In this week’s opinion piece, Jon Arnold, Principal of J Arnold & Associates, speaks with Marie Casey and Ilia Abramov at Mavenir about the company’s acquisition. As well as this, Marie and Ilia lend their expertise on the security and fraud challenges that mobile operators may encounter.
As a means of introduction, please say a bit about Mavenir. Having attended your last two analyst events, I know the story, but the company is not a household name, although it probably should be for anyone investing in wireless technology.
Marie: Mavenir is the telecommunication industry’s only end-to-end, cloud-native network software provider, redefining network economics for communications service providers (CSPs).
Mavenir is focused on accelerating software network transformation and redefining network economics for CSPs by offering a comprehensive portfolio across every layer of the network infrastructure stack. From 5G application/service layers to packet core and RAN, Mavenir leads the way in evolved, cloud-native networking solutions, enabling innovative and secure experiences for end users. Mavenir enables CSPs to compete more effectively with innovative cost reduction, revenue generation, and revenue protection solutions.
Following a history of mergers and acquisitions that combined elements of Comverse, Acision, Xura, Ranzure Networks, and Mitel Mobility, Mavenir was relaunched at the 2017 Mobile World Congress Barcelona. Since then, Mavenir has been on an aggressive path for innovation, including the acquisitions of Brocade’s vEPC in 2017, Aquto Sponsored Data Platform, and Argyle Data Security Analytics in 2018.
Ilia: Mavenir’s Fraud and Security portfolio is a full end-to-end solution for mobile networks. While traditional anti-fraud and security players have to focus on an “add-on” approach and try to address specific issues, Mavenir has the capabilities to embed our solutions right into the network elements. This is aligned with 5G principles that are trying to follow Security by Design principle.
Building on this, Marie, your role may seem unusual for a company like this, but it’s actually quite important. Briefly describe it, along with the backstory, since you came into this via Mavenir’s acquisition of Argyle Data.
Marie: I joined Mavenir as part of the Argyle Data acquisition in 2018, where I worked as a Fraud Specialist. Argyle began as a small, VC-backed, Silicon Valley startup, primarily focused on real-time fraud detection using machine learning (ML) technology across MNOs, MVNOs, and wholesalers, which was a pretty novel concept as we started introducing the idea to CSPs. Typically, in telecoms, fraud detection is managed through a series of manual reports and threshold-based alerts, where a level of false positive is simply accepted.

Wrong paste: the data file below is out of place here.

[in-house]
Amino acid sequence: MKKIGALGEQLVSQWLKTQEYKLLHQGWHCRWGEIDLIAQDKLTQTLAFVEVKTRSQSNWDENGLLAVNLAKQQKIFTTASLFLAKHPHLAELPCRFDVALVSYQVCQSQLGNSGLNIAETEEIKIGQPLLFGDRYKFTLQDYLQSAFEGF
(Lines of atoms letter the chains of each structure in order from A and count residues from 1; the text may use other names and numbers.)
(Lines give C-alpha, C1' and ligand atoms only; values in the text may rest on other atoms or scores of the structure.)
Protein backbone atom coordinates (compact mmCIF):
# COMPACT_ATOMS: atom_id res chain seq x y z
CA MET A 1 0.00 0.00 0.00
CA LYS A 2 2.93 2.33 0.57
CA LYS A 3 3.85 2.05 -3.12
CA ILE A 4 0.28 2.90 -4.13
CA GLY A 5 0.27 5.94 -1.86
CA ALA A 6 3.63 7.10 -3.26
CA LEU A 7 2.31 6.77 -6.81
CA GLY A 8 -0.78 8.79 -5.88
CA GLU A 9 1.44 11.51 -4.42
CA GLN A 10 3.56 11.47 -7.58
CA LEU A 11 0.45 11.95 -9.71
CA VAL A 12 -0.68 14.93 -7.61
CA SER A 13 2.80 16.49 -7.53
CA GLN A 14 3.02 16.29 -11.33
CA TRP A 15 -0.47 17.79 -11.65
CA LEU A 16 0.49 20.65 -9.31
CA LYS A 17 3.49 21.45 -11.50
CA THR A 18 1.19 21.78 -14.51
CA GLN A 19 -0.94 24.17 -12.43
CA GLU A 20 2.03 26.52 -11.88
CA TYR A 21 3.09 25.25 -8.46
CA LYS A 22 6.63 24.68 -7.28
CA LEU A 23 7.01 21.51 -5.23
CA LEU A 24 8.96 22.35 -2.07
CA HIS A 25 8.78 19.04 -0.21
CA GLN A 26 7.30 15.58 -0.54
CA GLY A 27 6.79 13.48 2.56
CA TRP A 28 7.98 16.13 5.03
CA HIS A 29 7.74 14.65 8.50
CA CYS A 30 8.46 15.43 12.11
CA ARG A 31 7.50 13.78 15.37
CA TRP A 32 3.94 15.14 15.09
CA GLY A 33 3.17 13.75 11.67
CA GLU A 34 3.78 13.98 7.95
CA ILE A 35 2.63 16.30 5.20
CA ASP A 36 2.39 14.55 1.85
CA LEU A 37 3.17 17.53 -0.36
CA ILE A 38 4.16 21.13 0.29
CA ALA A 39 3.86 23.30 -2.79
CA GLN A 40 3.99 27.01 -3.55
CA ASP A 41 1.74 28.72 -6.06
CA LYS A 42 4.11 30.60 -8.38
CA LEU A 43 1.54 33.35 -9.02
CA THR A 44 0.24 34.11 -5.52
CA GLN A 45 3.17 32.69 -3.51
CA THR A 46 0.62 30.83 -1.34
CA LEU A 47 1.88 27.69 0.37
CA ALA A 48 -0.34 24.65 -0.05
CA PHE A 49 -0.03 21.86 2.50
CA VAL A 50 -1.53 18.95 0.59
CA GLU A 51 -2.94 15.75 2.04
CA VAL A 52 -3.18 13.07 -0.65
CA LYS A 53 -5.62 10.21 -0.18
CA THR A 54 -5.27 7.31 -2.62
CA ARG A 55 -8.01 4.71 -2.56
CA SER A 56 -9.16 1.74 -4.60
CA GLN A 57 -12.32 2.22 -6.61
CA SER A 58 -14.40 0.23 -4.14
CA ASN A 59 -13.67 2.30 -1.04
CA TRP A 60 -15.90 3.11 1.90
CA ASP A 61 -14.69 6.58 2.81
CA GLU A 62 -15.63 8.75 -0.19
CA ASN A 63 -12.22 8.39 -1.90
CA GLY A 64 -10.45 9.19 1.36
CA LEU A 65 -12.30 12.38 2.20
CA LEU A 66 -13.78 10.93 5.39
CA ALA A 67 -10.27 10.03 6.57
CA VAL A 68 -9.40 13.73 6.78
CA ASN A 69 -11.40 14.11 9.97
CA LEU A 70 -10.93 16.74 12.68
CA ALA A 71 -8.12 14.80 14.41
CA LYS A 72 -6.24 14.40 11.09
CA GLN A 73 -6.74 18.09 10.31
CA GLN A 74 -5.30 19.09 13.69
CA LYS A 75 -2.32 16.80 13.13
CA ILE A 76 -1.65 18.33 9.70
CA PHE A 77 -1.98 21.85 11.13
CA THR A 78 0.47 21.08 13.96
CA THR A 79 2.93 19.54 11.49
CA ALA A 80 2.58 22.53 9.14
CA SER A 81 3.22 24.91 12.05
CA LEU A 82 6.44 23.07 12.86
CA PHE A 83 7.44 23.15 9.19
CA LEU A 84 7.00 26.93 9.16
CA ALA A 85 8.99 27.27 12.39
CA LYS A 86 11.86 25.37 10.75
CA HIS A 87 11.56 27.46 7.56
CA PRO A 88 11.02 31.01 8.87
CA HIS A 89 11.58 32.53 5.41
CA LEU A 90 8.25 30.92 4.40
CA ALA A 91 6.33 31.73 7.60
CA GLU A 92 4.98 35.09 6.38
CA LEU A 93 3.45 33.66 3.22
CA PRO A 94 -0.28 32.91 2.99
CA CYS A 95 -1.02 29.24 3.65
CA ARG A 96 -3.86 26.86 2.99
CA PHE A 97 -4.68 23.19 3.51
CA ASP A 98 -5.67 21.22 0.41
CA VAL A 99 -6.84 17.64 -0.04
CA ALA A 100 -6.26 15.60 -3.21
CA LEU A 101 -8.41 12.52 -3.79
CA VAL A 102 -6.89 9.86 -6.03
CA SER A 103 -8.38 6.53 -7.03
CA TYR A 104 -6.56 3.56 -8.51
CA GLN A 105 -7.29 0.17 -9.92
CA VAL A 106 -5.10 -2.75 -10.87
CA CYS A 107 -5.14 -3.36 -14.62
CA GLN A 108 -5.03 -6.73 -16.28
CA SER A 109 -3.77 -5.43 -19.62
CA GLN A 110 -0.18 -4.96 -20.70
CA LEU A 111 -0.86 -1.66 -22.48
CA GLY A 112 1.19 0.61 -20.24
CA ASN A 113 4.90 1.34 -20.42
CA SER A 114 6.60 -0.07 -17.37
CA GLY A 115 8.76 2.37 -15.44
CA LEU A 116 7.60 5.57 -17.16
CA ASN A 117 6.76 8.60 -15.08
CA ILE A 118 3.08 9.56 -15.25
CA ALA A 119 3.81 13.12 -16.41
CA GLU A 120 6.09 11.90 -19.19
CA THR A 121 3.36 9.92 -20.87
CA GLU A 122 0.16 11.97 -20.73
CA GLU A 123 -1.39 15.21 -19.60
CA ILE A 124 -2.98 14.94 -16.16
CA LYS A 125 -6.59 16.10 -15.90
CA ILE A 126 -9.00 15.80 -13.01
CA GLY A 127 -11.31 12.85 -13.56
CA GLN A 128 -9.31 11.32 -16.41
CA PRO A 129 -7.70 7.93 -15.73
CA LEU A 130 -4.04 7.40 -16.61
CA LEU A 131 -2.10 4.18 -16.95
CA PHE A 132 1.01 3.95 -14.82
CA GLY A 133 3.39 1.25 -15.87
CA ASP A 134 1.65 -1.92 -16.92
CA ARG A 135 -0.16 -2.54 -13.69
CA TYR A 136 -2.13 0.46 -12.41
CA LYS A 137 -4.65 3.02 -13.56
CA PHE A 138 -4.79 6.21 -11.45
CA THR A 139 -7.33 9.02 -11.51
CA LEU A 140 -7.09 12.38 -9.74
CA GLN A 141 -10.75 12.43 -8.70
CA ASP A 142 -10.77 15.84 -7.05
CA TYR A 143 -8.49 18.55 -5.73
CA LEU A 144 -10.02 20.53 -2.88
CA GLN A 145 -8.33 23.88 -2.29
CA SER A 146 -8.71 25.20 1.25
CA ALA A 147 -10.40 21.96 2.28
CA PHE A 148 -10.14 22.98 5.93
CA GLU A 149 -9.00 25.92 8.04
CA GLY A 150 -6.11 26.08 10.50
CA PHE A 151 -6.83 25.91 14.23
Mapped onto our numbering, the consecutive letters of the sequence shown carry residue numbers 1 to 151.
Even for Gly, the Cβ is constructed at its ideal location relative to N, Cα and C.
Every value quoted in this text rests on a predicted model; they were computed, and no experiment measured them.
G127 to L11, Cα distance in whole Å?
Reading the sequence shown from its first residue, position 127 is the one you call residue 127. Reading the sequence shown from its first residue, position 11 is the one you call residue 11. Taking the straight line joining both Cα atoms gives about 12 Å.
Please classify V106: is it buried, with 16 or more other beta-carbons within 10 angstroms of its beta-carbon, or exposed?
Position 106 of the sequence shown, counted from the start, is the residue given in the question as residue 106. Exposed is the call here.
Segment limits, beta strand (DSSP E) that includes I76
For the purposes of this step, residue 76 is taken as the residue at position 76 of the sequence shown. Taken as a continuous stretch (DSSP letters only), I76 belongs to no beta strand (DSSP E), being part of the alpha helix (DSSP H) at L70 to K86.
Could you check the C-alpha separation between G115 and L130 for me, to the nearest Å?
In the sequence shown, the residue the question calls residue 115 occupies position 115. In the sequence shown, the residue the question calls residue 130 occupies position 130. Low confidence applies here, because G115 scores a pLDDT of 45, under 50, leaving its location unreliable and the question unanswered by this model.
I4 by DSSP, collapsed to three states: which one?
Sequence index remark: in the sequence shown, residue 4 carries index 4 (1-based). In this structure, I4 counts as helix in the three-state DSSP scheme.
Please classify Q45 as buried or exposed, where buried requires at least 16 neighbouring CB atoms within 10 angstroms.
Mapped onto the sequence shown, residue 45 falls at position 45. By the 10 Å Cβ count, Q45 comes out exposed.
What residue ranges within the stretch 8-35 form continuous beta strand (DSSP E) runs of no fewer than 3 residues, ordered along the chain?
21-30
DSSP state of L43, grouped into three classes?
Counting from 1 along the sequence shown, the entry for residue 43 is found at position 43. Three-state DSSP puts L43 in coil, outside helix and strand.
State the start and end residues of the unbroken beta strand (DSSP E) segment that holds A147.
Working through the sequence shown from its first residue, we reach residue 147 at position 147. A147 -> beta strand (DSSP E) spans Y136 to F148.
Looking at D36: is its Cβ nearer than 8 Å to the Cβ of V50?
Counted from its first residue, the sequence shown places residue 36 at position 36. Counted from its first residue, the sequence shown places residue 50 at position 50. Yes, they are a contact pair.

This is where Argyle saw the opportunity to change the game entirely and introduced the idea of ML technology to identify when something unusual was happening on an Operator’s network. Based on the concept that all ‘unusual activity’ is fraud, and when viewed as anomalous, it can be detected. The concept worked, and this approach allowed us to identify new types of fraud that were taking advantage of loopholes Operators didn’t know they had.
Also, it did this in real time, which dramatically increased detection time in comparison to side-by-side traditional systems that often missed attacks due to activity levels hiding just under the threshold limit of the latest high-usage report. The Argyle solution fitted nicely to complete Mavenir’s end-to-end fraud and security offering, while also enabling Argyle’s ML concepts to be shared across all their fraud and security products.
The fact that Mavenir made that acquisition says a lot about how important security protection and fraud detection and prevention have become. How are you seeing this space evolving, not just for carriers as they move to 5G, but also for their enterprise customers who depend on wireless communication and also need business-grade security?
Marie: Mavenir’s decision to strive in the direction of both ML and fraud detection says a lot to its value. Especially with regard to 5G, CSPs need to be prepared for the ‘unknown’ nature of what the risks may be. 5G brings us to a place of new security and fraud issues, where ML is truly the optimum approach to be prepared.
Recent evolution in the market reflects some of the newest areas within our Fraud and Security Suite, including 5G security, robocalling (with STIR/Shaken support), data fraud, and IoT. These are the big ‘hot topics’ with our customers, as they have moved beyond basic fraud and security topics.
Ilia: All 5G principles underline the importance of data not only for anti-fraud and security use-cases, but also for the core network and radio network management. For example, Network Data Analytics Function (NWDAF) is not only meant to serve as a reporting capability embedded into the core network, but also to become a control point ‘artificial brain’, orchestrating the functioning of 5G networks.
Our products have evolved to utilise all market achievements we have so far. For instance, our NWDAF product is leveraging our ML developments in security and anti-fraud area and applying them to 5G requirements. Real-time capabilities also distinguish our approach, and have become a key focus of mobile operators when deploying 5G networks.
Let’s talk further about the problem set, and then we’ll move on the solutions. During your presentation at Mavenir’s analyst event, you spoke about providing a bridge between the threats and risks related to security and fraud. When VoIP came along, the PBX became a new point of entry into wireline networks for these risks, and that persists to this day. Enterprises still struggle to address this for a variety of reasons – what’s needed to change that?